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Click on the pictures to see in big scale!
Holden Church, the first church/den første kirken.
Norwegians visiting Holden Church!  -
-  Ragnhild Baksås og Elin Bjørndalen foran Holden Church, Kenyon.
Holden Church todayKirken idag
Pastor Muus on one of his travels in his parish.  -
-  Pastor Muus i  kubberulle med oksespann.
H. Church, seen from Cementary  -
- kirken sett fra kirkegården
Pastor Muus memorial stone  -
-  Minnestein over pastor Muus.
Ragnhild Baksås og Elin Bjørndalen in front/foran Holden Church.
Entrance/Inngangspartiet.
             Kenyon Sons of Norway
The nameplate/Plakaten vist fram av Elin Bjørndalen.
Ragnhild Baksås og Elin Bjørndalen in front/foran Holden Church 2.
The westwindow/vindu mot vest.
The eastwindow/vindu mot øst.
Innside the church against west  -
-  Inne i kirken - mot vest.
Innside the church against east  -
-  Inne i kirken - mot øst.

( Photos provided by Elin Bjørndalen. )


Holden Church, - the first church      In 1853 this county was established by and named after James Goodhue, a lawyer and newspaperman from the East Coast. The area soon became known for its fertile soil, water and woods and for being very picturesque. Most Norwegians settled in the west of Goodhue, and the first to come weren't from Holla but they soon came and gave the name `Holden Township' to the newly-built area. Later, this name was also chosen for a congregation and church in the town. `Holden Academy' was a local high school. It was started by the congregation's first pastor Bernt Julius Muus in 1869 and existed only for a few years. The thread was taken up again in 1874 with a new name - and many are familiar with St.Olaf's College today!Norwegians visiting Holden Church!

     From the time of the first settlers comes a funny story in the fight over land. Two brothers - Tøge and Henrik Nilsen Talla, originally from Luster in Søgn had decided to take a big piece of the new country. They equipped themselves with an offical-looking document and put up homestead markers with the name Nilsen on to make it clear that this was occupied land - but they did this without official permission! In order to maintain this `claim' one of the brothers equipped himself with a club made of oak and for a whole year this worked very well. However, when a group of immigrants from Telemark arrived led by “Big Sven” Nordgaarden there was trouble! Sven had investigated a large area of the locality and had found that everywhere he went the name `Nilsen' cropped up, so he knew there was mischief afoot. With that, he and his group decided just to settle where they found suitable land. It wasn't long, however, before the Talla brothers turned up with a force of men with sticks to `maintain the law'. However, Sven Nordgaarden went completely beserk and gave them such a beating that they never tried something like it again. Both Norgaarden and the Talla brothers later became members of Holden congregation.....The Church today.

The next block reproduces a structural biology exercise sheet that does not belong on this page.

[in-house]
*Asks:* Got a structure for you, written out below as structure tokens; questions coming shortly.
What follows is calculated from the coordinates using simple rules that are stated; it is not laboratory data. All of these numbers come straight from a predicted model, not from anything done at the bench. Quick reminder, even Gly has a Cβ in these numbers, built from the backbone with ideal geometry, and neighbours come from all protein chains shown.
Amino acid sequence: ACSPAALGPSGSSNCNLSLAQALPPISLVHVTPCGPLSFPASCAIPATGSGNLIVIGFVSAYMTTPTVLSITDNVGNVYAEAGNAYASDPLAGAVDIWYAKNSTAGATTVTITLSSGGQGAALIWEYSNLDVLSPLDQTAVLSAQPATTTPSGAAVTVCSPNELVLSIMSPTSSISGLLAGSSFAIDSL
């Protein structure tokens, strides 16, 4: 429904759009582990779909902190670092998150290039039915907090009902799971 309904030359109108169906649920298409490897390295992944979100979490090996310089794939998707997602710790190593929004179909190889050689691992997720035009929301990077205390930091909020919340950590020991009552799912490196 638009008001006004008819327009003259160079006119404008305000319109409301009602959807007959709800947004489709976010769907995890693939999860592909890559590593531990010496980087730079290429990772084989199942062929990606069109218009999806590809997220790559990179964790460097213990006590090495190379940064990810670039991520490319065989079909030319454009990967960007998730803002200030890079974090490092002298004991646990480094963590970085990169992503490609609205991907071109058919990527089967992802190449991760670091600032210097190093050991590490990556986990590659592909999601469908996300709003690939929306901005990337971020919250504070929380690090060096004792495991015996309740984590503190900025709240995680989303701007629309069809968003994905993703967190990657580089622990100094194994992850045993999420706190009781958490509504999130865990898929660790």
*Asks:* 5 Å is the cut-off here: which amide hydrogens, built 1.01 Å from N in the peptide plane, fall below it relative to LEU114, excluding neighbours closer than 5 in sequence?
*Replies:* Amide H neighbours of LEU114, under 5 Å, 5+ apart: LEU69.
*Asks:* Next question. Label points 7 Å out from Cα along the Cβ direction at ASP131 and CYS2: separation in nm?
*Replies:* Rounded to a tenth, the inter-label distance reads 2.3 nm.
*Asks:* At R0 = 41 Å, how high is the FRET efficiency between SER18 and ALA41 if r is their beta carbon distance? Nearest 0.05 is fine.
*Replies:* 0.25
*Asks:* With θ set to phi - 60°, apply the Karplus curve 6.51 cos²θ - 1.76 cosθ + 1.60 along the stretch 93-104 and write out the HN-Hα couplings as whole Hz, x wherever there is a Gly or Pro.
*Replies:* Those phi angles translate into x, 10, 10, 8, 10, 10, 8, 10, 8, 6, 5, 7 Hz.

Holden congregation was established in 1856 and was the first Norwegian congregation in Goodhue. They didn't have a priest for another three years when pastor Muus came. This pastor Muus was a very gifted and energetic man, but also controversial. His first service was held on Ole O. Huset's farm. Before the first church was finished in 1861, all services were held on one or another of the local farms. Amongst others the names Briskemyr and Nils Kvernodden crop up. Other names from Holla were Holtan, Halvor Huset and Kjøstol G. Næseth. Many were people who had moved from the first Holden congregation in Port Washington, Wisconsin.

     The area the priest covered was very large - about half the size of Denmark. In one year pastor Muus travelled about 7000 miles by oxen or horse drawn cart, and occasionally on foot! Because of this problem the `parish' was split up into smaller parts: Vang, Dale, Lands, Urland, Hegre, Moland,Pastor Muus on one of his travels in his parish.Gol and Hoff were some of the names with a Norwegian sound.

     Pastor Muus was also known for the court case between him and his wife. This was among other things over an inheritance Mrs. Muus received from a relative in Norway. According to Norwegian law in those days the husband had the property rights of any land the woman received. This did not tally with American law. When Oline didn't get the money she thought she was entitled to she took her husband to court. It is easy to imagine a certain unease in the priest's house at that time, and the case ended with both of them living their lives out with separate means.

     After a while the first church became too small so in 1934 a new one was built, and this is the building which exists today if you travel to Kenyon in Minnesota.